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I have the green cover A5 5mm square grid notebook with 30 sheets. The cover is a lightweight and flexible cover stock with a bit of a gloss coating.

It's one fat signature, sewn-bound down the middle.

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The interior paper has a dotted line square grid, probably on ivory stock.

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It seems slightly more yellow than standard staples printer paper, but MUCH less yellow than Midori MD cream paper.

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Writing on the page...well, how do I describe it. The paper feels uncoated. It is textured. It felt like I was writing on regular printer paper, but without the ink bleeding/feathering. As soon as my nib hit the page it felt like it would feather and bleed, but it didn't.

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I don't think there was much (or any?) feathering, nor bleed-through. Whereas Rhodia paper hates me whenever I use flex nibs, this paper impressively handled it like a champion.

Backside of the page has ghosting, but feels less than 52gsm Tomoe River. It's still usable to me.

Overall I felt that my pen/inks probably wrote a bit dryer on this paper. I touched some of the Logical Prime paper in my order, and that stuff definitely feels smoother and coated to the finger, compared to Logical Air.

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The paper does show shading and sheen, but probably less than Tomoe River. I think the dry time is faster though! As mentioned previously, it felt like my inks wrote overall drier because of lack of coating/absorption, and that could lead to less sheen too. I'm not good at photographing sheen, but I do see a bit of it in the Lamy Turmaline and FPR Royal Flush Blue.

Today's music post: Brown Loop by Duval Timothy.

Commonplace book + DIY cover

Midori MD A5 grid commonplace book and DIY cardstock notebook cover for the notebook.

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I mentioned previously that I have way too much cardstock leftover from some printer shenanigans from HWA. I started another Midori MD Notebook to make a commonplace book to write down knowledge that I would want to refer back to in the future, e.g., notes from books, courses, articles, etc. Kind of like a school notebook but broader. Since this book mainly sits on my desk, I wondered if it was possible to make a book cover for the notebook out of the cardstock. Luckily letter-sized paper is slightly taller than A5, so the overhang made it possible!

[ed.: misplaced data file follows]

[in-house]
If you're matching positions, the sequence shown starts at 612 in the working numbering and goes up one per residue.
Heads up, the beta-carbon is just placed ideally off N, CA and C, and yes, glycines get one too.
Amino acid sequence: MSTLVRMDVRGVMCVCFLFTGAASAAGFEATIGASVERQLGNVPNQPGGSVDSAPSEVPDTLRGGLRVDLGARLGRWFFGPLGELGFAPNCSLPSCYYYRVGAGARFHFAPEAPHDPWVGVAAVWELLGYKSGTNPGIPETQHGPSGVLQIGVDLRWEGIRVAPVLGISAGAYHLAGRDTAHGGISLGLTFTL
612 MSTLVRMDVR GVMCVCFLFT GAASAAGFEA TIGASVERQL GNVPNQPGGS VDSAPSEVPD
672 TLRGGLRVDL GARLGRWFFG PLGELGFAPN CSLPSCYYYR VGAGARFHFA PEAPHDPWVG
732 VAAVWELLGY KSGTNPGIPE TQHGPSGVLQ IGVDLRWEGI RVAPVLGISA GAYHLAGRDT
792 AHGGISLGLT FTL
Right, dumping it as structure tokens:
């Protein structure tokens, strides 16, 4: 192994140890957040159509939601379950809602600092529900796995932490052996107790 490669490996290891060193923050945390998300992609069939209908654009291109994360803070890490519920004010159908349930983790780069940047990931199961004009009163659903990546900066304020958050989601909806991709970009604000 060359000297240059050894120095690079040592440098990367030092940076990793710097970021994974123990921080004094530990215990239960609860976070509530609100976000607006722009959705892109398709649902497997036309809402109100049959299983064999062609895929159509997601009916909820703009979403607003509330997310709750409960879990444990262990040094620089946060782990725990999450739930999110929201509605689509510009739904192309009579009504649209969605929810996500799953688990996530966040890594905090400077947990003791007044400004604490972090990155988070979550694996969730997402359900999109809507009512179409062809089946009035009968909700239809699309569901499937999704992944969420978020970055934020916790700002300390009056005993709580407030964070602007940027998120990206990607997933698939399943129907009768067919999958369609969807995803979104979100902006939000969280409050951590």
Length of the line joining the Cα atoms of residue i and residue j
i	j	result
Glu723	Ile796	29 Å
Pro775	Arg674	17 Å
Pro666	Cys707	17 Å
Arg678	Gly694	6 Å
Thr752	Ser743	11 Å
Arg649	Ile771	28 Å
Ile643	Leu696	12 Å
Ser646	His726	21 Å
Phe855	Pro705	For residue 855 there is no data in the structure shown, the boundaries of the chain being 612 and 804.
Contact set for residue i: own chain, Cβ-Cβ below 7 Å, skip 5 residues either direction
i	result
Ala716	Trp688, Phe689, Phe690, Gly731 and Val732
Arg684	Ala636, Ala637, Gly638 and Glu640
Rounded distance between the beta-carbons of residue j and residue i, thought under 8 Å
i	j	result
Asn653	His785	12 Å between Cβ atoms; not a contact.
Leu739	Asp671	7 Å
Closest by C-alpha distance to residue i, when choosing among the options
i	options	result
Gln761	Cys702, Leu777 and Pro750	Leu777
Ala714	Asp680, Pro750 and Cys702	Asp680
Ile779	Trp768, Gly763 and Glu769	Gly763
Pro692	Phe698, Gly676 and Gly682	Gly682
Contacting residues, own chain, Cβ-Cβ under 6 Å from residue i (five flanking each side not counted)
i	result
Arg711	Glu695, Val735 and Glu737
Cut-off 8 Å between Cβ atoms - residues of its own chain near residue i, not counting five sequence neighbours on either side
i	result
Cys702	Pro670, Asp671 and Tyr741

Here is the book cover, made out of 2 pieces of cardstock. The white cardstock was a regular letter-sized one, cut in half, and then glued + folded around the length of the A5 notebook. Also scored down the middle of the brown cardstock piece. I wasn't confident I could glue such a narrow sliver of cardstock for the sleeve/pocket (where you slip in the notebook covers), so I put in some small stitches instead.

Fits!!

After that I felt like it was looking plain for a commonplace book, so I took some leftover Daler-Rowney FW acrylic ink (green) and painted it on in a weird mottled-like texture (dabbing with the brush, but not smoothing it out)

The string tension tore through the now wet paper, so I yanked them out and had to glue the pockets down later on. That actually resulted in a more snug-fit and less "wiggle room" of covers sliding up/down, which was not a bad thing!

Not long after, it still felt plain, so I took a leftover gold STA metallic pen and free-handed the cover.

It was a mindless, 'go with the flow', relaxing art thing to do! Some of the lighting in the photos make it look more teal, while in real life it's more green in the sunlight. Make this book feel fancier than it really is!

Also made an A6-sized one (left) to use up the green paint. On that one I used copper acrylic paint streaks, and also rubbed on candle wax + melted it to the cover for stability/some water resistance (IDK if it'll work, but it was fun to do).

With regards to the notebook itself, it's a Midori MD Notebook A5 with grid ruling. I hand numbered all the pages, and then made an index at the beginning (page 3) + left a few more pages after blank, to allow for the indexlist to increase as I filled the book. I officially started jotting down contents on page 7!

Today's music post: Open My Heart by Jay Diggs. I am a total glutton for this retro-style of music cheese. Is 90s considered retro now? AHHHHHHHHHHHH...